8th April 2018

Bayan Nur,  Inner Mongolia (巴彦淖尔, 内蒙古)

I have watched the moon, just a crescent when I was up in the hills become bright and full, and then wane. Why do I notice it – you would think it might fade amidst the neon in these desert cities?

I have found the river too – the Yellow River, meeting it at Lanzhou, the heart of China, or the bullseye at least.

Like the changing of the seasons Buddhism’s colours, boisterous against the beige hillsides become the verdant green of Islam, irrigated over a 1000 years by the silk routes that arrive here from the middle west.

Then the river, strangely, led me to the desert. Sometimes it’s farms, vineyards and tree lined roads other times city sprawl and industrial spewage. But mostly flat, more scrubby than majestic, the desert is space without freedom. The roads and railways cluster by the river as surely as if steep valley sides bound them.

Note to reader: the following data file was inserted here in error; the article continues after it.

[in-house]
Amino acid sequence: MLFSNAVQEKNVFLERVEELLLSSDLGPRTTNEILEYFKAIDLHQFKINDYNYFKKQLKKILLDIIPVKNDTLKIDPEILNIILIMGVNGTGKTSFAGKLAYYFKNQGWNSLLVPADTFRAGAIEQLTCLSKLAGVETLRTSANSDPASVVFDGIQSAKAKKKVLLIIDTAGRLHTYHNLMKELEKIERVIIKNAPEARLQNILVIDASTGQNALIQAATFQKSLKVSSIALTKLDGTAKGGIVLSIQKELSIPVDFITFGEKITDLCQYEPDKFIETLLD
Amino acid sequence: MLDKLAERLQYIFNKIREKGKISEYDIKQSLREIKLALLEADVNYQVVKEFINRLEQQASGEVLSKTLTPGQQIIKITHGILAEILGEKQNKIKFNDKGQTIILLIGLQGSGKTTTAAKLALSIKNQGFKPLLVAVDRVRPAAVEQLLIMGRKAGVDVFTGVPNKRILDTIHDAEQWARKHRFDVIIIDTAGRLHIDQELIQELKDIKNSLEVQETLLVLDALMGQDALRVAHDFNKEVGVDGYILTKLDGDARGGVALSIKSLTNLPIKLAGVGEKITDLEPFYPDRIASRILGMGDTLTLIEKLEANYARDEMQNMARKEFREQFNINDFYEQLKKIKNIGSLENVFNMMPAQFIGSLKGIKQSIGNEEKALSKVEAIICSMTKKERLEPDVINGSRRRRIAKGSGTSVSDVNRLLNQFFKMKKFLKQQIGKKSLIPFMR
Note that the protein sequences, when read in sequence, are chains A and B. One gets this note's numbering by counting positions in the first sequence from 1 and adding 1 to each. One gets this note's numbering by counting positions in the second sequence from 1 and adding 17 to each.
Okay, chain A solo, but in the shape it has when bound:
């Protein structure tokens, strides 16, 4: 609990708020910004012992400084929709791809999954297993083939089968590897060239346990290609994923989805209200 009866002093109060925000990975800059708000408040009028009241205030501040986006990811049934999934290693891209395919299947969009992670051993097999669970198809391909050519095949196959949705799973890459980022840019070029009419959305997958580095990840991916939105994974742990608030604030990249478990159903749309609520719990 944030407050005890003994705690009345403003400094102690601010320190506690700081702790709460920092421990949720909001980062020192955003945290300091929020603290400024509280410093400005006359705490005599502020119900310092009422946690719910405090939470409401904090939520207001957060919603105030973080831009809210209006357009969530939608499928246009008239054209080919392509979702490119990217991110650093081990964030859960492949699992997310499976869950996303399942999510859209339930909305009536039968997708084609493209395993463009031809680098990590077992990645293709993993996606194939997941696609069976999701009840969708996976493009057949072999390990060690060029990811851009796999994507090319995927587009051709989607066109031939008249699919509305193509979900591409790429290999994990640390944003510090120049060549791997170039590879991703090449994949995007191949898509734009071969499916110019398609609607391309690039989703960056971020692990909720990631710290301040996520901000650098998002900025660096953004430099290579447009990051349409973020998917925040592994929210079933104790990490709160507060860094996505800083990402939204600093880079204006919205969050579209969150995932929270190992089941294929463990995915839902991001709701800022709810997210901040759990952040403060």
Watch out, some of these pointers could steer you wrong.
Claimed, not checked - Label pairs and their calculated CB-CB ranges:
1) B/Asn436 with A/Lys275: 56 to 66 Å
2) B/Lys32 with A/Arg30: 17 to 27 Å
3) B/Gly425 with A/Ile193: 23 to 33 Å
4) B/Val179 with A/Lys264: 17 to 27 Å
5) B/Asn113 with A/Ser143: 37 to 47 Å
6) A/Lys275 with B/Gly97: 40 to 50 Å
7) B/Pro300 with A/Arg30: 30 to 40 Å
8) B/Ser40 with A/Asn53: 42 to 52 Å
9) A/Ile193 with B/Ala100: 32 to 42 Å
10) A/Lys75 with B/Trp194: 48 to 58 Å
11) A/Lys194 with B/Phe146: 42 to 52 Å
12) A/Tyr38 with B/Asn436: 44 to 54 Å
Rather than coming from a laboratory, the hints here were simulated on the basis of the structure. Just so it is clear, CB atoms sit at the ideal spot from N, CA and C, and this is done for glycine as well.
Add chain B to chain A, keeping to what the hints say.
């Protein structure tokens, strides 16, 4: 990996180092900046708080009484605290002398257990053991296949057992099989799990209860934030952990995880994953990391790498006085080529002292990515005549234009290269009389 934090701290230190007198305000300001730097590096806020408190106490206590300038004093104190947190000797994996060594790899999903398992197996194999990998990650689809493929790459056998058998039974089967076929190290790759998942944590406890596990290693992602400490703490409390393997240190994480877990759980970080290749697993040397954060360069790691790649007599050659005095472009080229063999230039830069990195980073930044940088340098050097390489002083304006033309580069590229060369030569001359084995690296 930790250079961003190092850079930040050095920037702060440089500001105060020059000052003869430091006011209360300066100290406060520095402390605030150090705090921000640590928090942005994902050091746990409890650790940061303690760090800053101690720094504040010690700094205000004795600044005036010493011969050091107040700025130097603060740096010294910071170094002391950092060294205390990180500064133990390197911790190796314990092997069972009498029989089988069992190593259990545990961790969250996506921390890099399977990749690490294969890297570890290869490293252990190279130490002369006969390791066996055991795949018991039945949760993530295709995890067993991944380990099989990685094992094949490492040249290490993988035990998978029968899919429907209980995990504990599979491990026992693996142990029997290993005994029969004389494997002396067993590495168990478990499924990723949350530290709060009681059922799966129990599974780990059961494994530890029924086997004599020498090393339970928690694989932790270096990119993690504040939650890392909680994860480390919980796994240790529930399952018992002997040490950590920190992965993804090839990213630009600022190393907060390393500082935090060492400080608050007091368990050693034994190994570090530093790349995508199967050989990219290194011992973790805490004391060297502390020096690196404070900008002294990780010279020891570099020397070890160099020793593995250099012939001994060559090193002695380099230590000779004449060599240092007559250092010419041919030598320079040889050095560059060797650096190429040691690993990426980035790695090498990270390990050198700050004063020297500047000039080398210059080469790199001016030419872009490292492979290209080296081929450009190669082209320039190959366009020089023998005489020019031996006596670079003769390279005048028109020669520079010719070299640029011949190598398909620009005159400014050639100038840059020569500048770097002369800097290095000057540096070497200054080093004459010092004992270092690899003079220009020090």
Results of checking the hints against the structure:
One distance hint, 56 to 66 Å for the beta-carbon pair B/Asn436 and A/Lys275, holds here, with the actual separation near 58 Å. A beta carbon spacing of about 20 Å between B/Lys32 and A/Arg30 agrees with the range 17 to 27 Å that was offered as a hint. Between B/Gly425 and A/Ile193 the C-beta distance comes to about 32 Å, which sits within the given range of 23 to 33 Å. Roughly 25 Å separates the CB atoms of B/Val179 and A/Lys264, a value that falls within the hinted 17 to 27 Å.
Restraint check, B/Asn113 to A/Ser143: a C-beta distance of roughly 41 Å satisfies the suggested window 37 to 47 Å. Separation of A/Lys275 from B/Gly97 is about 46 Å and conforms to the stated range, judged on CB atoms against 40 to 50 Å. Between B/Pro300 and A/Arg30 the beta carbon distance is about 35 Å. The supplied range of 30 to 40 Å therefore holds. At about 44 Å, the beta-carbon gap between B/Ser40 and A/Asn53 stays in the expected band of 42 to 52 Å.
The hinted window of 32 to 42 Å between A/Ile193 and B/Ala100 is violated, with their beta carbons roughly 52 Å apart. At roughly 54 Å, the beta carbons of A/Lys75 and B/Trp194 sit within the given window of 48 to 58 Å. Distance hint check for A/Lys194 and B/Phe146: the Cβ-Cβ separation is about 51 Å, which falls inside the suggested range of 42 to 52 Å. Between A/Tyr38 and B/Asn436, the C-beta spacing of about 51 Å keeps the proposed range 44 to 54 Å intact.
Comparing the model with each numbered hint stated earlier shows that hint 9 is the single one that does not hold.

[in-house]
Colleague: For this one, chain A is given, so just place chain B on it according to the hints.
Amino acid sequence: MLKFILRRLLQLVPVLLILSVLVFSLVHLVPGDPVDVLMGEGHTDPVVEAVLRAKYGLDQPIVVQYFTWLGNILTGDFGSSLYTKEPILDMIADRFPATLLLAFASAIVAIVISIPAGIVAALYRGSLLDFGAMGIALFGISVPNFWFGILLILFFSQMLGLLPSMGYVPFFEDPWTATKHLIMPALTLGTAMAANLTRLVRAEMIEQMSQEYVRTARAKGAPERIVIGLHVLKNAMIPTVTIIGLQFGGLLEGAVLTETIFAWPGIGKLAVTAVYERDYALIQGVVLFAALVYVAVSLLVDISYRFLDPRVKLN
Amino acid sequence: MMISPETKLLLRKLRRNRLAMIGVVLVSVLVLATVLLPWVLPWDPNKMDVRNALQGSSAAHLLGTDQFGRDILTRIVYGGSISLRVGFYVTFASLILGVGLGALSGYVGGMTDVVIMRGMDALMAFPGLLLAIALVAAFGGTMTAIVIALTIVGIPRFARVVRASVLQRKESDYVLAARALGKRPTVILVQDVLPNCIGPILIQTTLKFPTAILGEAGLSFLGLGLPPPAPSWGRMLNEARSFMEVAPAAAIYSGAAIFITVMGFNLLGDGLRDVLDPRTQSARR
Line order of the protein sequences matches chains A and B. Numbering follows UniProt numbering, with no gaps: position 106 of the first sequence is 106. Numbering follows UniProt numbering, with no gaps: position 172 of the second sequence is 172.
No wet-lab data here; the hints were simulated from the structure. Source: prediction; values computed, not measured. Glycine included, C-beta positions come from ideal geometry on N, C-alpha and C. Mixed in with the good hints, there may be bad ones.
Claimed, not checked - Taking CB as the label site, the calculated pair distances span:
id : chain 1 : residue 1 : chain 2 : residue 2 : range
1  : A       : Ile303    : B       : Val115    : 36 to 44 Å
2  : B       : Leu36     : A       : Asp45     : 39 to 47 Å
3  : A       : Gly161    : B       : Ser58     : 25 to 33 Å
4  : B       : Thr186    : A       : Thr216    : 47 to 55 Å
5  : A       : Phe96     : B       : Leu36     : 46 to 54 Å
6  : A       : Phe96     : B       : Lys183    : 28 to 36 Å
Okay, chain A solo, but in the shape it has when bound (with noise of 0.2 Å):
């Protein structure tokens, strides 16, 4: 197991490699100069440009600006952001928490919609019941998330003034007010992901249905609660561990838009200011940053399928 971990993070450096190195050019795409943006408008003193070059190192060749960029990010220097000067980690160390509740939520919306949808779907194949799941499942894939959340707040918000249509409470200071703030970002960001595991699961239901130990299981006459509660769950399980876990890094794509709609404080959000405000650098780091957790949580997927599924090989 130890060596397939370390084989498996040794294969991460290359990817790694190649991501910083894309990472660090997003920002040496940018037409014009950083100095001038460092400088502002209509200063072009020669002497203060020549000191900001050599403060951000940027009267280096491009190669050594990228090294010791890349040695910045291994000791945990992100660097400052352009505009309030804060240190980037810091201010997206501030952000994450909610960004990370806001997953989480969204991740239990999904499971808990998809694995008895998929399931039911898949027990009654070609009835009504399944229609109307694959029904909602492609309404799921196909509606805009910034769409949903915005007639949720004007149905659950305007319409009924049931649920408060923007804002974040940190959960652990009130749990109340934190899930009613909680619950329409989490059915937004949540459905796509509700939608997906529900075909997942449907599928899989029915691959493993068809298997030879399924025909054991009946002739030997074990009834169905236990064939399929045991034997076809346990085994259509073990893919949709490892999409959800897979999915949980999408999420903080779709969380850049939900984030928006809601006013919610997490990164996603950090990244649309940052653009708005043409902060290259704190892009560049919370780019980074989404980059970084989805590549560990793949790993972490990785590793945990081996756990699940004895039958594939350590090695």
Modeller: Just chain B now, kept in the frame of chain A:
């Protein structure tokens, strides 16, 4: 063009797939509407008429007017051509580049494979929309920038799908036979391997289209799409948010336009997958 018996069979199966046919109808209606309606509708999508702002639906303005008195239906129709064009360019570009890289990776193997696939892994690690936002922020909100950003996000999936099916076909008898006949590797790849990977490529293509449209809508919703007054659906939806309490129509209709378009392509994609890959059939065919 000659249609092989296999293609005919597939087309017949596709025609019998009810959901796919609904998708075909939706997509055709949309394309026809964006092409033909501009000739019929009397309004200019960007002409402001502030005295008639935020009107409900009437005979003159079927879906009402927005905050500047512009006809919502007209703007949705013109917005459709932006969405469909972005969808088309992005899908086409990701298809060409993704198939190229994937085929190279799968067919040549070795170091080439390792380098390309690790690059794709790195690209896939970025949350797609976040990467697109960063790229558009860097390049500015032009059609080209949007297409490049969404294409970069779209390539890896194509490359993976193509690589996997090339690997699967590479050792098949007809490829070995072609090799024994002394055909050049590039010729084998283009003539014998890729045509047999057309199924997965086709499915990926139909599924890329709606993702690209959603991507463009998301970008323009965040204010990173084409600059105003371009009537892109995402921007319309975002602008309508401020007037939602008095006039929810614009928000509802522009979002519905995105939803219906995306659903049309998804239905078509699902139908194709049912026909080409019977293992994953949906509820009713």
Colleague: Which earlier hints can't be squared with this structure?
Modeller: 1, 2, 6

It is, I imagine beautiful, the wide river and miles of dunes together but stuck in it with no way to look from above they collapse into two slivers between scrub and sky. And so the desert takes your heart and mind elsewhere to before and after.


There’s a city in clothes three sizes too big – a dust storm rolls in giving an eerie haze. Even here far from the booming coast every village adds a new street, every town a new estate. Build too slow and you have a housing crises too fast and it’s unlovable. Ever changing, always synchronised – what else requires such a feat?

There is an experimentalism, Singapore style tower blocks with markets and carefully planned community amenities; a gated, gardened terrace of flats from London’s new build playbook; a need-a-car neighbourhood 10km out; detached suburbia learnt from America: ‘welcome to Aspiration, Missouri, drive safe!’ It seemed to say, the protective plastic peeling off in the wind.

Some older cities miss – requirements change; quality of life seems to matter now. The parks, cycle ways, flowers, expensive water cannon to rain the smog to the drains. Expectations rise. People have more to lose and more to be jealous of – yes, a middle class is growing! 50 years from perhaps the most deadly famine humanity has ever seen, the bar is getting higher again. Are there cycles to life, the seven year itch, the third generation syndrome?